Kurdish Heritage Reclaimed

After years of conflict, Turkey’s tradition-rich Kurdish minority is experiencing a joyous cultural reawakening

Isolation allowed the Kurds to survive for thousands of years while other cultures faded from history. (Lynsey Addario)
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Young Kurdish writers, too, want to bring the long tradition of storytelling into the modern age. In 2004, Lal Lalesh, a 29-year-old poet from Diyarbakir, founded a publishing house that specializes in Kurdish literature. He has commissioned translations of foreign works such as A Midsummer Night’s Dream and has issued more than a dozen out-of-print Kurdish classics. His main purpose, though, is to publish new writing.

“Before, our writers concentrated mainly on Kurdish subjects,” Lalesh says. “In the last few years, they’ve started to deal with other themes, like sex, individuality, the social aspects of life. Some are even writing crime novels. For the first time, Kurds are breaking out of their isolation in their own society, and also breaking barriers that were imposed by the political system.”

Another group is turning to cinema. More than a dozen have graduated from film school and gathered together at the nascent Diyarbakir Arts Center. In the past two years they have produced nearly 20 short films.

“Most of our artists have broken out of the nationalist shell and gone beyond being from one group or loving one nation,” says Ozlem Orcen, 28, who works at the center. “Twenty years from now, I could imagine some of them reaching a high level, an international level.”

And yet, there is still “a great sense of belonging to the Kurdish nation,” says Henri Barkey, a professor of international relations at Pennsylvania’s Lehigh University and co-author of Turkey’s Kurdish Question. “In a way, globalization has enhanced the sense of identity among Kurds. It’s the same phenomenon you see in Europe, where even small populations are feeling drawn to their primordial identity.”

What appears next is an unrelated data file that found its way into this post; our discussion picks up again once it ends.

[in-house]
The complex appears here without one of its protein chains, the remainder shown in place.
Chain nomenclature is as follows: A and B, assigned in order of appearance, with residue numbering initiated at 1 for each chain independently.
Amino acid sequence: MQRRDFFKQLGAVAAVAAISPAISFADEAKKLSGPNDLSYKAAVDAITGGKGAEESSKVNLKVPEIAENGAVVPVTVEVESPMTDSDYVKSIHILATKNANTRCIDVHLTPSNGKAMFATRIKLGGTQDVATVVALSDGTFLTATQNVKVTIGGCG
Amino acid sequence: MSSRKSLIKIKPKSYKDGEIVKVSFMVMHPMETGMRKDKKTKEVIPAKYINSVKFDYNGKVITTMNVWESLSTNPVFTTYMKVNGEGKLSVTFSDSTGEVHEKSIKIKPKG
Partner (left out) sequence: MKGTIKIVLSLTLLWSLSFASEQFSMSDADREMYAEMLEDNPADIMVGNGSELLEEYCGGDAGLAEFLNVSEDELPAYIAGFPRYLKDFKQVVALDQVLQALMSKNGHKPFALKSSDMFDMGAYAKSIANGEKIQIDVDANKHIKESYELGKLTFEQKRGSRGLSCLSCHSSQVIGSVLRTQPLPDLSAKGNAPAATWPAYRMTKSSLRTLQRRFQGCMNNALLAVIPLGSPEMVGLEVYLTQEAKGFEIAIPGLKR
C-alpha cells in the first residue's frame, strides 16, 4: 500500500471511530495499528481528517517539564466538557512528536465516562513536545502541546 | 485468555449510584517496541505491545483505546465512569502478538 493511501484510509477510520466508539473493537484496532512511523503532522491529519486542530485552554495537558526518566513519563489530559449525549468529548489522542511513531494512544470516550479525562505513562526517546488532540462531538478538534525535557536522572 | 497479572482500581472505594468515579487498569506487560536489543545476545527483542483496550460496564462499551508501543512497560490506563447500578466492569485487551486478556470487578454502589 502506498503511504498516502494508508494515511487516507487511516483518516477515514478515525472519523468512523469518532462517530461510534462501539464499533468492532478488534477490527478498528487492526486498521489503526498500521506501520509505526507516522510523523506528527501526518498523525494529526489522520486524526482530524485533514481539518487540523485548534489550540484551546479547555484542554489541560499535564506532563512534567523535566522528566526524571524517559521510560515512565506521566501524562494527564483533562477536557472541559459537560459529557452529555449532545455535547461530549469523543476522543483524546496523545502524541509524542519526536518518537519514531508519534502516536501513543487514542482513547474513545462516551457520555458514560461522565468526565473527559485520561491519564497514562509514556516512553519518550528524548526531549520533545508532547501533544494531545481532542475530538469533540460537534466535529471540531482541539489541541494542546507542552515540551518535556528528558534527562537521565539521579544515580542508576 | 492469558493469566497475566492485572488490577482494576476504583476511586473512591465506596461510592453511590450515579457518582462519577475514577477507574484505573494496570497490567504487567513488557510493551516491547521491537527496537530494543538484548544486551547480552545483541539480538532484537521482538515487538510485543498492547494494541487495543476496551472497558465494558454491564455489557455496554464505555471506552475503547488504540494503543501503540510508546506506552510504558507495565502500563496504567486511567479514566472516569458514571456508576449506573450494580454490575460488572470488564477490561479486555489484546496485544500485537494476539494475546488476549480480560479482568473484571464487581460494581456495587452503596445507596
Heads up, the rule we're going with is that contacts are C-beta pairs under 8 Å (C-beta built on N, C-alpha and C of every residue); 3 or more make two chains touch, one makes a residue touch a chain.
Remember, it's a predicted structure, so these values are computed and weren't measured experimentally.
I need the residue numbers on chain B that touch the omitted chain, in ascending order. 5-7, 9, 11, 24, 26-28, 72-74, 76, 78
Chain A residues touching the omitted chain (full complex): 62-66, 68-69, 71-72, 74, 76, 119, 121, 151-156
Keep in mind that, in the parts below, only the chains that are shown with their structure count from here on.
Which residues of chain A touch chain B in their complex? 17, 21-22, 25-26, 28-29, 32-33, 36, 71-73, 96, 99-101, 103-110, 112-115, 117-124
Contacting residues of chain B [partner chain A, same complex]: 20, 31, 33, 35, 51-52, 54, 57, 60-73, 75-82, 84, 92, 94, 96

One expression of that identity is a return to nomadic life. Kurds who were forbidden during the civil war to live as nomads may now do so again. I visited one such group, made up of 13 families, at a remote mountainside encampment several hours from Hakkari. The route took me over rugged hills, along the rims of vertiginous gorges, and past the haunting ruins of a church, destroyed in the convulsions that accompanied the collapse of the Ottoman Empire in the early 20th century.

Soon after arriving at the camp, I was invited into a large, airy yurt for lunch. Sitting on a carpet and leaning against soft cushions, I feasted on fresh yogurt, honey, piping-hot flatbread and four kinds of cheese.

These nomads move through the hills for about half the year, then return to lowlands in winter. They tend a herd of more than 1,000 sheep and goats. Twice a day, the entire herd is brought to the camp and eased through a funnel-shaped, chicken-wire enclosure, at the end of which women on stools wait to milk them. They work with amazing dexterity, taking barely an hour to finish the entire job. The milk will be made into cheese, which the nomads sell to wholesalers for delivery to grocery stores across the region.

The elected leader of this group is a thoughtful, taciturn man named Salih Tekce. Standing outside his yurt, framed by the wild mountains Kurds have always loved, he tells me that his village was burned and that he had to move to town, scraping by as a taxi driver for 12 years.

“It was terrible,” he said. “I hated it. I felt like I was carrying each passenger on my shoulders.”


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